Marriage and money help but don’t lead to long-lasting happiness
We live in a culture that values “experiences”. These are often promoted in the media, and by those selling them, as vital to enhancing our well-being.
We all know big life events like marriage, parenthood, job loss and the death of loved one can affect our well-being. But by how much and for how long?
We set out to measure the effect of major life events – 18 in total – on well-being. To do so we used a sample of about 14,000 Australian adults tracked over 16 years. Some of our results were expected. Others were surprising.
Overall, our results show good events like marriage improved some aspects of well-being, but bad events like health shocks had larger negative effects. For good and bad events, changes in well-being were temporary, usually disappearing by 3-4 years.
Here are some of our most interesting findings.
Happiness versus life satisfaction
Our study distinguished two different aspects of well-being: “happiness” and “life satisfaction”. Researchers often treat these as the same thing, but they are different.
Happiness is the positive aspect of our emotions. People’s self-reported happiness tends to be fairly stable in adulthood. It follows what psychologists call “set point theory” – people have a “normal” level of happiness to which they usually return over the long run.
Life satisfaction is driven more by one’s sense of accomplishment in life. A person can be satisfied, for example, because they have a good job and healthy family but still be unhappy.
Life events often affect happiness and life satisfaction in the same direction: things that make you happier tend to also improve your life satisfaction. But not always, and the size of the effects frequently differ.
In the case of having a child, the contrast is stark. Right after the birth, parents are more satisfied but less happy, possibly reflecting the demands of caring for a newborn (eg. sleep deprivation).
Changes are temporary
After almost all events (both good and bad), well-being tends to return to a personal set point. This process is known as the hedonic treadmill – as people adapt to their new circumstances, well-being returns to baseline. This has been found in other studies as well.
The good news is that even after very bad events, most people seem to eventually return to their set-point well-being level. Even after an extremely bad event such as the death of a spouse, people’s well-being generally recovers in two to three years. This doesn’t mean they don’t carry pain from the experience, but it does mean they can feel happy again.
Bad events affect us more
The detrimental effects of bad events on well-being outweigh the positive effect of good events. Negative effects also last longer. This is partly because most people are happy and satisfied in general, so there is more “room” to feel worse than better. In fact, we can’t confidently say there is any positive cumulative effect of good events on happiness at all. However, marriage, retirement, childbirth and financial gains all temporarily improve overall life satisfaction.
Our finding that “losses” hurt more than “gains” mirrors decades of behavioural economics research showing people are generally “loss averse” – going to more effort to avoid losses than to chase gains.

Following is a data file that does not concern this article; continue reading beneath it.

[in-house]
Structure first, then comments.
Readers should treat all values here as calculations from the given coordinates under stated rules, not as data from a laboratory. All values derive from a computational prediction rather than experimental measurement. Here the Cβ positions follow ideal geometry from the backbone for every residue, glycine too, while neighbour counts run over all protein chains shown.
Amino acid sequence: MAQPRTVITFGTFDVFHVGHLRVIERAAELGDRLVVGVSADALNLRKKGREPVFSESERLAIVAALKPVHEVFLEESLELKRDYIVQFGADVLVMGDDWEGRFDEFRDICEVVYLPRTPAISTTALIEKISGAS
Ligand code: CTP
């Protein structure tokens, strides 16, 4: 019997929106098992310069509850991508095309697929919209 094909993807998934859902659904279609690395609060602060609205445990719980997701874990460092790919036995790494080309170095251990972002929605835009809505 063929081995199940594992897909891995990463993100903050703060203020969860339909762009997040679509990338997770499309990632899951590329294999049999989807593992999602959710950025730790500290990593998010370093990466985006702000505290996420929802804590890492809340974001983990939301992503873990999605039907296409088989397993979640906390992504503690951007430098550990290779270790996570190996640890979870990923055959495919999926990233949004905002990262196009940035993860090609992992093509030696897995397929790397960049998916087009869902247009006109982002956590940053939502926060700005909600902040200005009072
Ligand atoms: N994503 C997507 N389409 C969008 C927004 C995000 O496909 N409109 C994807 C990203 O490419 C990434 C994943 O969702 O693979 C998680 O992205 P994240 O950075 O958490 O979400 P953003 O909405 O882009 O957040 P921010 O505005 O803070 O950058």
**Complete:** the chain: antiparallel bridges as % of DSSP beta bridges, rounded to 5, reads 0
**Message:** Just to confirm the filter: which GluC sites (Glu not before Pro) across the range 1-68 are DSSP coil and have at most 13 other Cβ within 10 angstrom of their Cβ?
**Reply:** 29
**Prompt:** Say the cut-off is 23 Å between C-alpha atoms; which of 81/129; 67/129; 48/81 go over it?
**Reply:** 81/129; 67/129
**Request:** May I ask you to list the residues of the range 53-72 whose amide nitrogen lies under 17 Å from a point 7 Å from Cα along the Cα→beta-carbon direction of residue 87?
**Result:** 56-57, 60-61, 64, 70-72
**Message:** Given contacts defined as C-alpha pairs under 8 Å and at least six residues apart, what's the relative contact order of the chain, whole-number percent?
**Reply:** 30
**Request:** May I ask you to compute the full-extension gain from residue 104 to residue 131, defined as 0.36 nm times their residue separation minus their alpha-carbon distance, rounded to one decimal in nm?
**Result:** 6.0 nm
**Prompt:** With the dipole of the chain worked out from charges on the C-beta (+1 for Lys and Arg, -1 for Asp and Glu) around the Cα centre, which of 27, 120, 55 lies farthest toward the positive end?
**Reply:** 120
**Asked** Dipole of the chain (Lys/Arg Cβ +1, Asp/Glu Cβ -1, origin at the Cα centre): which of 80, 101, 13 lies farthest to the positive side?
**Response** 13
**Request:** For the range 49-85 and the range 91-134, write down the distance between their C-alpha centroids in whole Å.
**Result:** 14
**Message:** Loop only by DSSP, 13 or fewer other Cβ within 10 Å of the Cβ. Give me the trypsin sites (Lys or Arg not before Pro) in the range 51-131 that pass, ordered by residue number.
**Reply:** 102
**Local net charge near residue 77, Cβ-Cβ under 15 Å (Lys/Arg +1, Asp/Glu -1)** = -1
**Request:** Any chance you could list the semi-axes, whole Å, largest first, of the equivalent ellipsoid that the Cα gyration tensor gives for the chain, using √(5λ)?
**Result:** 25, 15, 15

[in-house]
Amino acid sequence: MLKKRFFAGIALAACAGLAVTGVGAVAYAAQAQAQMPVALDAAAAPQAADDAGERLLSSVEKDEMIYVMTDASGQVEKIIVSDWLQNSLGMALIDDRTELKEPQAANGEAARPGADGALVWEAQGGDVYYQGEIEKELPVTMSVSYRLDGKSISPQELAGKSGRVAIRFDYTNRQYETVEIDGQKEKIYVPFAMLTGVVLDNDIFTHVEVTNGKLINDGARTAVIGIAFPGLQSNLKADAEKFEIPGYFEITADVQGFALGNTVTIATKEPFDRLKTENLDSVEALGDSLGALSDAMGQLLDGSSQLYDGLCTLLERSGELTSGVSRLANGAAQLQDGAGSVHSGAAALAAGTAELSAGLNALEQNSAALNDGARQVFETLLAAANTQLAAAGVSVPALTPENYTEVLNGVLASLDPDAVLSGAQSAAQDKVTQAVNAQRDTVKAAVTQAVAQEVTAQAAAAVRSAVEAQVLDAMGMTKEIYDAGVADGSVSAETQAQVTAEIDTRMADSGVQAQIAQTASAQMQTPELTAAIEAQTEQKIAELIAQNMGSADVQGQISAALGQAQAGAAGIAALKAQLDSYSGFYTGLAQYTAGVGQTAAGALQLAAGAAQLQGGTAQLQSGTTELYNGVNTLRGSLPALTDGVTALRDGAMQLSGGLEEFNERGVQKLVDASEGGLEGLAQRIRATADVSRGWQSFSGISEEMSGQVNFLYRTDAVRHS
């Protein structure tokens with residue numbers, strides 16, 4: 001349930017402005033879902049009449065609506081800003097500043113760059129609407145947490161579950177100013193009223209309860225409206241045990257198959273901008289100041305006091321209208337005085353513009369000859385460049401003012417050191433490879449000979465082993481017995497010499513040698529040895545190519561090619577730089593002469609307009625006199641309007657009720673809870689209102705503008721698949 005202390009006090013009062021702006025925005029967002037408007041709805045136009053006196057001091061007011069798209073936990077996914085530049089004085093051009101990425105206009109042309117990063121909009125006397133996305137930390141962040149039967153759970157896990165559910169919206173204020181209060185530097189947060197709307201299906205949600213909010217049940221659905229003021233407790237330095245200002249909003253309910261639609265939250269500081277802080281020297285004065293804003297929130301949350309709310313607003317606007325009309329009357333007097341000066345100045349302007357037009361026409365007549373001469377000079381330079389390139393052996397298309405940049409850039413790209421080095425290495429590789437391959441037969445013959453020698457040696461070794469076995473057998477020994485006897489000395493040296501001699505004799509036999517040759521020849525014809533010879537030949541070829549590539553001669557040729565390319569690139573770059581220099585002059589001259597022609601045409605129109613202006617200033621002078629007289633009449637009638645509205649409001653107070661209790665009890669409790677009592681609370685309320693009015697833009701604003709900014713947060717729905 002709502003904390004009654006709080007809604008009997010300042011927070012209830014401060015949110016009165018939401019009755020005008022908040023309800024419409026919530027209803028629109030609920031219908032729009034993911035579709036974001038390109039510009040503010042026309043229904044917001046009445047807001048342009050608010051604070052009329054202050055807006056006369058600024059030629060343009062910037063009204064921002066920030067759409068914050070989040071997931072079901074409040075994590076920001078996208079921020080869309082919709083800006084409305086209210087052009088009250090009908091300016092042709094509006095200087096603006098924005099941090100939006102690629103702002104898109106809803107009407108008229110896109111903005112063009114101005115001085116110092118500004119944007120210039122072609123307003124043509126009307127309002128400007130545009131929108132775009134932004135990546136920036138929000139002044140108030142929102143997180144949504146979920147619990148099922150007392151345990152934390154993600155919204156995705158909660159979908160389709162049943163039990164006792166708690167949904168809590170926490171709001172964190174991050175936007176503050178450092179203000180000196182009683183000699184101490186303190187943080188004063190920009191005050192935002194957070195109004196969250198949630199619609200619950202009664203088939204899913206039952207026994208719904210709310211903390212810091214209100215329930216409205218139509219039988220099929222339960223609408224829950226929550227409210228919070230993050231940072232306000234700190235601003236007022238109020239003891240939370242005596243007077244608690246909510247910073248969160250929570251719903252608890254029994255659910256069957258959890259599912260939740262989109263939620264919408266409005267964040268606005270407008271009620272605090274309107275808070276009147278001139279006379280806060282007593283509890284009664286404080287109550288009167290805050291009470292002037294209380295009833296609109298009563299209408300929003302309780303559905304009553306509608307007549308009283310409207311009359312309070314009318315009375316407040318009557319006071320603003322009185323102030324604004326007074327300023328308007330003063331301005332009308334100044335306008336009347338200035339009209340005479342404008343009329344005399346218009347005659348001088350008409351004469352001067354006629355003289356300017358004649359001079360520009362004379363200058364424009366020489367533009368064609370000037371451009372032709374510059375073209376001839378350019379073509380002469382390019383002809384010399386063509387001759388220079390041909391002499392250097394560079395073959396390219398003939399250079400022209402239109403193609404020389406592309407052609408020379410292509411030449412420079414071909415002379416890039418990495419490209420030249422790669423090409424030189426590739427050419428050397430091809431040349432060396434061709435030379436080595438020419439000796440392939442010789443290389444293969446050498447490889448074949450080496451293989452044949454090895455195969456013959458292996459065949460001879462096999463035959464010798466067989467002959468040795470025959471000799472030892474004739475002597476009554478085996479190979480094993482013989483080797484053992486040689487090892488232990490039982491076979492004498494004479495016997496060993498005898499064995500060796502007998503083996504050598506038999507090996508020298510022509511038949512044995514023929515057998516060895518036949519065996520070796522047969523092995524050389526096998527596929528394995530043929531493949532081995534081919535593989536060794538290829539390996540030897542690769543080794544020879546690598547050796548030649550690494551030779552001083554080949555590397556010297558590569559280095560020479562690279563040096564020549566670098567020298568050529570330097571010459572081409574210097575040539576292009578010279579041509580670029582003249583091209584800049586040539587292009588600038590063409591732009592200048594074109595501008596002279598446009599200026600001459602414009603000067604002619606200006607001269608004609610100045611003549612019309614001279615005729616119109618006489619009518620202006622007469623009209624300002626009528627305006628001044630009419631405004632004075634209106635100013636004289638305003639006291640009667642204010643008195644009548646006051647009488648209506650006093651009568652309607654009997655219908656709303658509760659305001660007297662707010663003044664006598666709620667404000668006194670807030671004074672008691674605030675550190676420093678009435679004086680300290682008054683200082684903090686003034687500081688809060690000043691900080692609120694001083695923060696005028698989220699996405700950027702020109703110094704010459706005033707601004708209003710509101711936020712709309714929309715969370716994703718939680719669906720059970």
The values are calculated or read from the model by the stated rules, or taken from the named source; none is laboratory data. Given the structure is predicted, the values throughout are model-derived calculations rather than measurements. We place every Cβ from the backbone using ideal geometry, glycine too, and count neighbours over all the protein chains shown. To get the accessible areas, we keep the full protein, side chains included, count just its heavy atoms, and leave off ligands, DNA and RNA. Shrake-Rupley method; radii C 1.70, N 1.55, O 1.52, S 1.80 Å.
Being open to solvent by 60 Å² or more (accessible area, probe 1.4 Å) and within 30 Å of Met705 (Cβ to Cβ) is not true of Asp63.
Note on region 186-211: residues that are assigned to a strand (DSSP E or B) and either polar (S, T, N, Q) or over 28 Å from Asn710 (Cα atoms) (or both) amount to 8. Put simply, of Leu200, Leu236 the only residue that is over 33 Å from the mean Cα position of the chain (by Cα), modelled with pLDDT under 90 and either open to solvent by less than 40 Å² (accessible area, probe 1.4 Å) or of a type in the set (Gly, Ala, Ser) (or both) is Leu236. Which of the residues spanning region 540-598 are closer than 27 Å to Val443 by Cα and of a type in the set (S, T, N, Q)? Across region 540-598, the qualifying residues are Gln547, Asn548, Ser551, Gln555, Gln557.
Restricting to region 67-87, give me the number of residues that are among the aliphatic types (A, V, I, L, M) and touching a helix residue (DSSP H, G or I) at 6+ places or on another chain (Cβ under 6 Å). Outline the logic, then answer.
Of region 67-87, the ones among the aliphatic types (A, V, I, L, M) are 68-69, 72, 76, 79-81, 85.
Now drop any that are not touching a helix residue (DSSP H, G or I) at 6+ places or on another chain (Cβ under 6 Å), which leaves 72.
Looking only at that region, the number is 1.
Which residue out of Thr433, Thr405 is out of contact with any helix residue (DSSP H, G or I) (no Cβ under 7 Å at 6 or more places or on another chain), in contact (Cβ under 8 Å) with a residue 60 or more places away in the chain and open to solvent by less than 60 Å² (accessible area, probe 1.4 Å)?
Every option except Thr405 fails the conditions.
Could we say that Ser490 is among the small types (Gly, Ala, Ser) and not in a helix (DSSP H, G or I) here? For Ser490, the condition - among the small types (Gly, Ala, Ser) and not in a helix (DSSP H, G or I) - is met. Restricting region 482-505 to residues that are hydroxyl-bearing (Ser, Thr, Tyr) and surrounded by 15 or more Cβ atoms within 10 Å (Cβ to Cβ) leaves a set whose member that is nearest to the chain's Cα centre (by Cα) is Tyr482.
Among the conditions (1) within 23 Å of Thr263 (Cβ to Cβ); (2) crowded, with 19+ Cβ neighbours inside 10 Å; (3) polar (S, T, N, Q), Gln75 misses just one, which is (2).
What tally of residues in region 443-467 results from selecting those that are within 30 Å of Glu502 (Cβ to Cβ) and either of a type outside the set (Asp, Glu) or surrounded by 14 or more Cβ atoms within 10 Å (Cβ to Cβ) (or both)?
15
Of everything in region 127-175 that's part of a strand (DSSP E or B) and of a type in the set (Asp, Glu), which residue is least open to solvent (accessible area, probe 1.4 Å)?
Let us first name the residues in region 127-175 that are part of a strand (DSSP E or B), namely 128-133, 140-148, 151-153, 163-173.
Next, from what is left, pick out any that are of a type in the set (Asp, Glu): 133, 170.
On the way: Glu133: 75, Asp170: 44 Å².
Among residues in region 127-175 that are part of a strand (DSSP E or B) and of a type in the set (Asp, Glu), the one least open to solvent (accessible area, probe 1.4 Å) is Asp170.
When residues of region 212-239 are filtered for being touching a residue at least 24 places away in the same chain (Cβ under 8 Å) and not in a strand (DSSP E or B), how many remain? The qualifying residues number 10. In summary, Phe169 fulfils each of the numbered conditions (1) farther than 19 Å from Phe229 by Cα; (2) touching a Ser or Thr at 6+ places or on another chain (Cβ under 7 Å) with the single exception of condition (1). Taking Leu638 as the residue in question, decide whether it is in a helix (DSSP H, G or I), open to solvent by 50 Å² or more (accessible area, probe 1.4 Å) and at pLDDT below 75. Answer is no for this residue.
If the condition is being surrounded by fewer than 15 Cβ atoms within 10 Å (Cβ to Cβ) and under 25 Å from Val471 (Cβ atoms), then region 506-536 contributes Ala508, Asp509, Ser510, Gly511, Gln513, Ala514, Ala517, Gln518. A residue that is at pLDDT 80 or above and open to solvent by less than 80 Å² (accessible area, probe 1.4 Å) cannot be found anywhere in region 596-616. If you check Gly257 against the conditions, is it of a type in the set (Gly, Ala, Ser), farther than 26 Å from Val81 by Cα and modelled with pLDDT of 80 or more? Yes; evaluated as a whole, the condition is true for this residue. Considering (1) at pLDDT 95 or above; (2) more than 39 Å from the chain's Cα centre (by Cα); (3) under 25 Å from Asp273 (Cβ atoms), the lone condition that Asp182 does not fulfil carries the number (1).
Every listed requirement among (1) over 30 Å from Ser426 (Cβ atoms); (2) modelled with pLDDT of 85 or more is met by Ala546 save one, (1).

The bad events that have the largest total effects are death of a spouse or child, financial loss, injury, illness and separation.
Small, fleeting effects
Starting a new job, getting promoted, being fired and moving house are events that people often fixate on as either stressful or to be celebrated. But, on average, these don’t seem to affect well-being that much. Their effects are comparatively very small and generally fleeting.
This could be because of differences in the nature of these events for different people, or that they frequently occur. For example, being fired can be devastating. But for someone close to retirement who receives a large redundancy payment and moves to the coast, it might be a positive experience.
An important caveat to our study is that it reflects the average experiences of people. There are likely to be some people who experience long-lasting improvements in well-being after good events. There will also be people who experience sustained decreased well-being after bad events. In future work we hope to identify these different people and isolate the characteristics that predict what responses to different events will look like.
The things that matter
Our results caution against chasing happiness through positive experiences alone. The impact, if any, seems small and fleeting, as the hedonic treadmill drags us back to our own well-being set point.
Instead, we might do better by focusing on the things that protect us against feeling devastated by bad events. The most important factors are strong relationships, good health and managing exposure to financial losses.
In 2020 we might also take consolation from the fact that, although it will take time, our well-being can recover from even the worst circumstances.
We humans are a resilient bunch.
Nathan Kettlewell, Chancellor's Postdoctoral Research Fellow, Economics Discipline Group, University of Technology Sydney; Nick Glozier, Professor of Psychological Medicine, BMRI & Disciplne of Psychiatry, University of Sydney, and Richard Morris, Research scientist, University of Sydney
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